I visit the San Jacinto Monument about once a year. Today it’s located amid smelly refineries, but this is the place where the the Texian army defeated the Mexican General Santa Anna, resulting in Texas’ independence from Mexico. It’s a remarkable monument, not small of course (purposefully designed to be 15 feet taller than the Washington Monument, YEEHAW!). I highly recommend visiting. The inscription on it gets a bit purplish:
With the battle cry, “Remember the Alamo! Remember Goliad!” the Texans charged… The slaughter was appalling, victory complete, and Texas free! On the following day General Antonio Lopez De Santa Anna, self-styled “Napoleon of the West,” received from a generous foe the mercy he had denied Travis at the Alamo and Fannin at Goliad…
Measured by its results, San Jacinto was one of the decisive battles of the world. The freedom of Texas from Mexico won here led to annexation and to the Mexican–American War, resulting in the acquisition by the United States of the states of Texas, New Mexico, Arizona, Nevada, California, Utah and parts of Colorado, Wyoming, Kansas and Oklahoma. Almost one-third of the present area of the American Nation, nearly a million square miles of territory, changed sovereignty.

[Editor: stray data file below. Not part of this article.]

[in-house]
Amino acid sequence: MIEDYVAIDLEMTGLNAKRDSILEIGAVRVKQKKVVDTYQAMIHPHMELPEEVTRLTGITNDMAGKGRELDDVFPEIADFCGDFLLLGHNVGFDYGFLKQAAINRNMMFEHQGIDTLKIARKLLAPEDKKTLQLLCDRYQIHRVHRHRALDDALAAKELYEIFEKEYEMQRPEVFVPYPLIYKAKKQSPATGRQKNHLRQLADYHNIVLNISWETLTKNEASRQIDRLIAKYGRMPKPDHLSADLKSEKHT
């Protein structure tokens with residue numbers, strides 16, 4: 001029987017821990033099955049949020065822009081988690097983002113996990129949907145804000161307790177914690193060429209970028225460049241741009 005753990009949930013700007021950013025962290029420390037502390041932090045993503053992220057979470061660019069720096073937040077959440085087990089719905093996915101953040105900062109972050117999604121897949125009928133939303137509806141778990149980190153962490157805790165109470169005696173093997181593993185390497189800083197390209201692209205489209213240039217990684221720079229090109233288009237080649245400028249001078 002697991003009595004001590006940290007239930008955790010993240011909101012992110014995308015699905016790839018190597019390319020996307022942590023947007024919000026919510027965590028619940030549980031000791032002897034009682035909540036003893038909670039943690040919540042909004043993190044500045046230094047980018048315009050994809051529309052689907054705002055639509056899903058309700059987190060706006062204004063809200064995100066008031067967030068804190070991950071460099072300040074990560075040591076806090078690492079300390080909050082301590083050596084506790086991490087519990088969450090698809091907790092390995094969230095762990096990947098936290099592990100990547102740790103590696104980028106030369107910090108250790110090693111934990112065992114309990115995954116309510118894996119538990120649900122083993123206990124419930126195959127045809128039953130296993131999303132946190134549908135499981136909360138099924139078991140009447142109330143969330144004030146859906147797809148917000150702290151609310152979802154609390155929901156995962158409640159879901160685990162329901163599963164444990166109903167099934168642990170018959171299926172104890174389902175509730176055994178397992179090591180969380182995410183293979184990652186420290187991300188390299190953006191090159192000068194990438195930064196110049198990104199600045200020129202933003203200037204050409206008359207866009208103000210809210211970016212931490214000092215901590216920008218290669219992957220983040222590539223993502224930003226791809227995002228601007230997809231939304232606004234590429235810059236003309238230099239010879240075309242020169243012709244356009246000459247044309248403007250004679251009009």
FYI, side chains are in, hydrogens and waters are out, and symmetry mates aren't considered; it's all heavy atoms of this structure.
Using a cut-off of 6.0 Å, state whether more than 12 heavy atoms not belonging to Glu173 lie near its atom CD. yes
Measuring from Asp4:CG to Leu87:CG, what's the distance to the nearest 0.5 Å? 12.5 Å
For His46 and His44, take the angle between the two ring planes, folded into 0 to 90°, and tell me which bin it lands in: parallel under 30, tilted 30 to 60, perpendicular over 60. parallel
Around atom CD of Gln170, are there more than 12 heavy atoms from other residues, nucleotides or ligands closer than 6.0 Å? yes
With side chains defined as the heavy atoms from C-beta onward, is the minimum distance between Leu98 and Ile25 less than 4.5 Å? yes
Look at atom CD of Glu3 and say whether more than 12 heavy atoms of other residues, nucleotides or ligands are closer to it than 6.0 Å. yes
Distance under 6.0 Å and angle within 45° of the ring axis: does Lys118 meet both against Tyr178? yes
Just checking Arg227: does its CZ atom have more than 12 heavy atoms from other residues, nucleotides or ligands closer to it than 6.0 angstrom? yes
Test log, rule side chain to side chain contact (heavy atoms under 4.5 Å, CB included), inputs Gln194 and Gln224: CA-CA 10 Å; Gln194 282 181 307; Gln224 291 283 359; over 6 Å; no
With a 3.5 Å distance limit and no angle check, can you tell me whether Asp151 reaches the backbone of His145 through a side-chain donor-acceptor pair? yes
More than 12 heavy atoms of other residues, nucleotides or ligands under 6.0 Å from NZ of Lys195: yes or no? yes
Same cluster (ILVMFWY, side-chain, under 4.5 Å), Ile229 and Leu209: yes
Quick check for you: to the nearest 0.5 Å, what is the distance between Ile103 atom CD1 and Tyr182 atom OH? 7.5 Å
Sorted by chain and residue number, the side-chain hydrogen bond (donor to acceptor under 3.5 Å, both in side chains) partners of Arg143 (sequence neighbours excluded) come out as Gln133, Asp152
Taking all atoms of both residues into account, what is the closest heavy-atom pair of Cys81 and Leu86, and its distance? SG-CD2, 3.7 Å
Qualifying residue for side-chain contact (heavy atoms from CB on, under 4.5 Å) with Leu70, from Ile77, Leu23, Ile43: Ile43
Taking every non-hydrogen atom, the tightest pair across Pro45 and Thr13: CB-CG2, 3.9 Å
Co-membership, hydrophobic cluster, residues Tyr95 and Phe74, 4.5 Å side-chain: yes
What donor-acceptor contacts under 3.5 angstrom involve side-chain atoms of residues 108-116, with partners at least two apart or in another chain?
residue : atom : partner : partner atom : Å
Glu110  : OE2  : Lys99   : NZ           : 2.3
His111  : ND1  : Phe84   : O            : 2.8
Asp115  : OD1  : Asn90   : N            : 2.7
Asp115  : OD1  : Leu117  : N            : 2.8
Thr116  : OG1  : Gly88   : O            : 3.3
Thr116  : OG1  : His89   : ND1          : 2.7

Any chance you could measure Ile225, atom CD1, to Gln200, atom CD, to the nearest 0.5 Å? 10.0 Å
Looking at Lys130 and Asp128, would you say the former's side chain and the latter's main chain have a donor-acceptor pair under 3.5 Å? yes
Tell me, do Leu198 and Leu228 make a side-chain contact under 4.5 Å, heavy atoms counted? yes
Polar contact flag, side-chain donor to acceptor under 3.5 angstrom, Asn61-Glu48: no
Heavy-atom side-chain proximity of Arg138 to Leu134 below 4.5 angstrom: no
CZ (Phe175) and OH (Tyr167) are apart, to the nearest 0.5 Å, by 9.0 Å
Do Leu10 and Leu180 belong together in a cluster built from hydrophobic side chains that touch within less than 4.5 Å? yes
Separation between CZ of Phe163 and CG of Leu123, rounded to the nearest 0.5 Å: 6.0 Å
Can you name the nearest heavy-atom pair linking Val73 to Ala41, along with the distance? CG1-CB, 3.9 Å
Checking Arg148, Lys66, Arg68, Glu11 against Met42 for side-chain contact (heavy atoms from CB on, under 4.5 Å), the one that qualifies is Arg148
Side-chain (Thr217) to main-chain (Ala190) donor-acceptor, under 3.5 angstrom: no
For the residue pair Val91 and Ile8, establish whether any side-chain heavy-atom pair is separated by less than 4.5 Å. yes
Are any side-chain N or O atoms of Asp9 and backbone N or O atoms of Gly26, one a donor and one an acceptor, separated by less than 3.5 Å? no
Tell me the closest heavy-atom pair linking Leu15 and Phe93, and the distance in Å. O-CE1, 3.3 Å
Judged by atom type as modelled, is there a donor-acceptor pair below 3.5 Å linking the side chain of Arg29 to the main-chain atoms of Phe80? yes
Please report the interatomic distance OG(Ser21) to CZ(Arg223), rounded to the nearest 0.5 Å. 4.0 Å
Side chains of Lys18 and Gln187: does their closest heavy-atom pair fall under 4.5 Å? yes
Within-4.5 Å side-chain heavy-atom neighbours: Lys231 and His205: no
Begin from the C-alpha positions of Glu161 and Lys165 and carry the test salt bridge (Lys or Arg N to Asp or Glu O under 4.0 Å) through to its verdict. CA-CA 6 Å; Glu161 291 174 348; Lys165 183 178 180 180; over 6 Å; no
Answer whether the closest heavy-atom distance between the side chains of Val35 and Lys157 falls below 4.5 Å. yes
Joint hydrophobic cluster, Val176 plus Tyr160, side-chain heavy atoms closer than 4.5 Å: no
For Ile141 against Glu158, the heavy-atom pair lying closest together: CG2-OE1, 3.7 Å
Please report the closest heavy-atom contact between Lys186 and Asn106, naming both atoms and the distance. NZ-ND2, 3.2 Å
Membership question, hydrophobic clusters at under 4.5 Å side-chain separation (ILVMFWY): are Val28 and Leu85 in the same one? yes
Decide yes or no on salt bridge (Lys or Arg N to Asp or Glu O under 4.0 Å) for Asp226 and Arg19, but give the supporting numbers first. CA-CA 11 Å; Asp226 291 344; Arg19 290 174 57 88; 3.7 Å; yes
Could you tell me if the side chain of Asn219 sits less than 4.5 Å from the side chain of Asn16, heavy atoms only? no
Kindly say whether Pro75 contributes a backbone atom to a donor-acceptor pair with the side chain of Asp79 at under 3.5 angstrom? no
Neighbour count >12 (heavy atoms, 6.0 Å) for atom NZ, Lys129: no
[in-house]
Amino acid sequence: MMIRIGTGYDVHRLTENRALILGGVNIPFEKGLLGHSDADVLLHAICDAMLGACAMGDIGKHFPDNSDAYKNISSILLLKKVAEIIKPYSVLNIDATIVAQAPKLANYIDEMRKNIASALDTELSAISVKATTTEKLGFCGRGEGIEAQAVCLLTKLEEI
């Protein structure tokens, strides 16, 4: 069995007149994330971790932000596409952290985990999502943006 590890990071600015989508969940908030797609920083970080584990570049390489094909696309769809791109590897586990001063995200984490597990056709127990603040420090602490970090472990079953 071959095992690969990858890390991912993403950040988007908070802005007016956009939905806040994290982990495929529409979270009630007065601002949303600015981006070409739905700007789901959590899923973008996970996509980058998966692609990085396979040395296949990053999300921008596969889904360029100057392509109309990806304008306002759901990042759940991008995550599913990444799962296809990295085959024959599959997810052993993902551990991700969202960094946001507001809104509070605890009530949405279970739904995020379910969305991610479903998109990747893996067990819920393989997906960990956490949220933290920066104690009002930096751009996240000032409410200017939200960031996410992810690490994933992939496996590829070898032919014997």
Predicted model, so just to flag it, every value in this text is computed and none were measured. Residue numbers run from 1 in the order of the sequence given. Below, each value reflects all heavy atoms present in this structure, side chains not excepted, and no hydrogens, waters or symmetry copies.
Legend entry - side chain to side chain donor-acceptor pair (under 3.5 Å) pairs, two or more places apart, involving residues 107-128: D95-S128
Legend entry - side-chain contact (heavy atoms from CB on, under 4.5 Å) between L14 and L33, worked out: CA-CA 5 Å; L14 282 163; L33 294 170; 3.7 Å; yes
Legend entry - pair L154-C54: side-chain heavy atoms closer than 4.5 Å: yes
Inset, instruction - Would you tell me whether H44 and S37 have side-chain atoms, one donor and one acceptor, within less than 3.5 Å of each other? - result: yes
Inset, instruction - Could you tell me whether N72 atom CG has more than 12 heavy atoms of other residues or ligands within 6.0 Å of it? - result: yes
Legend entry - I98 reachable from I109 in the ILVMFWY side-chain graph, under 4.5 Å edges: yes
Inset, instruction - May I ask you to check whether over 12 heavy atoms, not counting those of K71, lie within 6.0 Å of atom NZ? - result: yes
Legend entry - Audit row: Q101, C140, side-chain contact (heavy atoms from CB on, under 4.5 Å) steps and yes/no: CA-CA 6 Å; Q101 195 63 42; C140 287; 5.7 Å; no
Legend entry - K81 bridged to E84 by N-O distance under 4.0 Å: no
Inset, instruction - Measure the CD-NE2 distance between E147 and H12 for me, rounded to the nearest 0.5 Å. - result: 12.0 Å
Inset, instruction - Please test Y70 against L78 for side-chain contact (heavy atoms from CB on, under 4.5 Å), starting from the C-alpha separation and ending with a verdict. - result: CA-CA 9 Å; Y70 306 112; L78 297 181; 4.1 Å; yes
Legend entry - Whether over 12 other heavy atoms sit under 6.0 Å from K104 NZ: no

In other words: you’re welcome, California.
Like many people here, I love Texas. But sometimes it can be a difficult place to love. It has a troubled past, and symbols of that past are everywhere. It also has a troubled present, and it’s easy to forget that when you live in the art-world bubble of one of its large cities. Houston has a gay mayor. Arlington does not.
But perhaps part of the reason we love Texas is that it’s not really the South, and it’s not really the West. It’s both, but also something unique. Part of its contradictions are explained by sheer scale: there’s a huge difference, culturally and geographically, between people who live in the piney woods of East Texas, and people who live in rugged, vast West Texas. True, there are people here in living memory who would drag a man behind a truck to his death because of his race. And today there are heavily armed, self-appointed “freedom defenders” with itchy trigger fingers along the border. But there are also activists working to improve the lives of minorities. And now there are gay Texans joyfully planning weddings.
And most importantly, for me anyway: there are artists. Their work makes us attentive to it all.
Featured image: Gustave Courbet, Le Sommeil, 1866. Collection of Le Petit Palais, Paris.